Coronavirus Update: Financial Assistance and Resources for Marylanders

April 30, 2020

Dear Friend,

I know that many Marylanders are struggling to make ends meet amid the financial uncertainty and economic hardship created by COVID-19.

As we approach the first of the month – when rent payments, mortgages and other bills come due – I wanted to share some information about the financial assistance that’s available to Marylanders.

  • Economic Impact Payments: The Coronavirus Aid, Relief, and Economic Security (CARES) Act provided $1,200 in direct payments to American taxpayers earning less than $75,000 and $2,400 for joint filers earning less than $150,000, along with an additional $500 per child for parents.
     
    • The Internal Revenue Service (IRS) created a helpful FAQ to answer your questions about the economic impact payments.
       
    • The IRS also launched a “Get My Payment” web application that allows taxpayers who filed a tax return in 2018 or 2019 to submit direct deposit information in order to have their economic impact payments deposited directly in their bank accounts, instead of waiting for a check to arrive in the mail. The web application also allows taxpayers to track the status of their payment and is updated once every 24 hours.
       
  • Renter Protections: Under the CARES Act, landlords with federally backed mortgages or federally subsidized housing are not allowed evict tenants for 120 days beginning on March 18, 2020. Landlords are also prevented from issuing an eviction notice until the expiration of the 120-day moratorium period.
     
  • Mortgage Relief: Maryland has prohibited foreclosures during the pandemic. And under the CARES Act, homeowners with federally backed mortgages are eligible to postpone their monthly mortgage payments. Individuals with single-family mortgages may write to their mortgage servicer requesting forbearance for 180 days due to coronavirus-related difficulties. In such a case, no additional fees, penalties or interest outside of normally scheduled terms may be levied on the borrower. However, interest will be capitalized and owed by the borrower, which will increase the amount of future payments. Homeowners should contact their mortgage servicers to learn more about how to qualify for a mortgage relief program. For more information about COVID-19 mortgage relief, see here.
     
  • Utility Services: Utility companies in Maryland – including electricity, gas, water, sewage, phone, cable and internet providers – are prohibited from disconnecting your service or charging you late fees during this crisis. Several utility companies are also working with their customers, on a case-by-case basis, to create flexible payment plans.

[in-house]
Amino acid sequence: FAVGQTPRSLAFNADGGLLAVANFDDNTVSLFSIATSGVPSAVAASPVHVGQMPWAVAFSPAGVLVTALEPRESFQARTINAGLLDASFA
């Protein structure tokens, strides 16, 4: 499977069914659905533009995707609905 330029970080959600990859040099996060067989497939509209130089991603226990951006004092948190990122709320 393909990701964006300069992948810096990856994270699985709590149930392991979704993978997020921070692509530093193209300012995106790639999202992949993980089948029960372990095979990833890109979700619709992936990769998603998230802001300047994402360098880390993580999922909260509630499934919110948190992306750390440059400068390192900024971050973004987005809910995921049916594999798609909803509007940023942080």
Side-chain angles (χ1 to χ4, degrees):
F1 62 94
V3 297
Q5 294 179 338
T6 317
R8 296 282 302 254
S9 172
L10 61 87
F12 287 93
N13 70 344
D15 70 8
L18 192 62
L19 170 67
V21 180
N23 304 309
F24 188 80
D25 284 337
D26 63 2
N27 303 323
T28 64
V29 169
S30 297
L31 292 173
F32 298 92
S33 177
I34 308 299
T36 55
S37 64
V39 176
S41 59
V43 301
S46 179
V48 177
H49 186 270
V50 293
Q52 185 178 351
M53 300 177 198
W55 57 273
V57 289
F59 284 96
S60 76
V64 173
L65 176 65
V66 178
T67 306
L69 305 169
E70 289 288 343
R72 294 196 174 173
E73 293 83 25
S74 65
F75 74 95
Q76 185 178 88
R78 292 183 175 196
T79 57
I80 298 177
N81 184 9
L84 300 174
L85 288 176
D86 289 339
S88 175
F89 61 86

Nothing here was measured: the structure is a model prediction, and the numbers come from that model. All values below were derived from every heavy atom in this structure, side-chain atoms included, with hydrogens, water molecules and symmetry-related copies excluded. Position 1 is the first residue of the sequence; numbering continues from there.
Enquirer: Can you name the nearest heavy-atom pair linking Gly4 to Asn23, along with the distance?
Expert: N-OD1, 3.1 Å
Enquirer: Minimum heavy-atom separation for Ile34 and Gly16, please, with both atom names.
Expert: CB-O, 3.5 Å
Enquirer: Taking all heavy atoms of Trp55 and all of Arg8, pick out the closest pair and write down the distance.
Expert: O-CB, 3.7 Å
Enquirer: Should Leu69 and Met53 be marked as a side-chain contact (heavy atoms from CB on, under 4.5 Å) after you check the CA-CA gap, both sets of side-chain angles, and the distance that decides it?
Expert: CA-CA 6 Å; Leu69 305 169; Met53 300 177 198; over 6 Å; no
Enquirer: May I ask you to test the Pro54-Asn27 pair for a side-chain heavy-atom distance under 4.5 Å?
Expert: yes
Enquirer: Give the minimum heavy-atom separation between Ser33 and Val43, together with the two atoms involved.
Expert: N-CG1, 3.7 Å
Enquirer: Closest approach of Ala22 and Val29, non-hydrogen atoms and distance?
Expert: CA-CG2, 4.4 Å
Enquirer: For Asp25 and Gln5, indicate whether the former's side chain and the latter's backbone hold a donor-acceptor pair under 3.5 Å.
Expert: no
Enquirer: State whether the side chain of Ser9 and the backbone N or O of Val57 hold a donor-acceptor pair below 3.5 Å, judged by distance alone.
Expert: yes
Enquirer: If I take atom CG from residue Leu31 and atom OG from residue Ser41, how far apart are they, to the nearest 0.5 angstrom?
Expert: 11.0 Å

• Unemployment Insurance: The Maryland Department of Labor has launched a new portal for Marylanders to apply for Unemployment Insurance. The CARES Act expanded Unemployment Insurance benefits by $600 per week and allowed individuals who are self-employed, independent contractors, gig workers, sole proprietors or those with insufficient work history to qualify for benefits. The new portal understandably has a few bugs, but the Maryland Department of Labor will continue to work with its web development vendor to improve the portal over the next several weeks.
     
  • Food Assistance: The Maryland Food Bank has set up many pantries and food distribution sites across the state. In addition, county governments offer food assistance resources and helpful lists of food distribution locations for Maryland residents:
     
  • Meals for Students: While schools remain closed, daily meals are available for Maryland students. See here to find a student meal distribution site near you.
     
  • Student Loans: Under the CARES Act, principal and interest payments for all federally held student loans are automatically suspended through September 30, 2020. For more information about student loan relief, see here.
     
  • Relief for Veterans: The U.S. Department of the Treasury has frozen collection, fees, interest, withholding and collections referrals on VA-related debts. For debts managed by the VA proper, veterans have the option to freeze collection or to continue payment. To discuss freezing collection of a debt related to monetary benefits, please contact the Debt Management Center at (800) 827-0648. To discuss freezing collection of health care-related debt, contact the Health Resource Center at (888) 827-4817.
     
  • Additional Financial Resources: The Consumer Financial Protection Bureau has assembled a helpful guide with tips about how to protect yourself from the financial impacts of COVID-19.
     

As always, if you need help accessing federal benefits, or if have any questions about COVID-19 resources, please call my office at (410) 832-8890 or send me an email.

For a full list of coronavirus-related resources, please visit my website.
 

Sincerely,

00_JPSS_Signature
Congressman John Sarbanes
Maryland’s Third Congressional District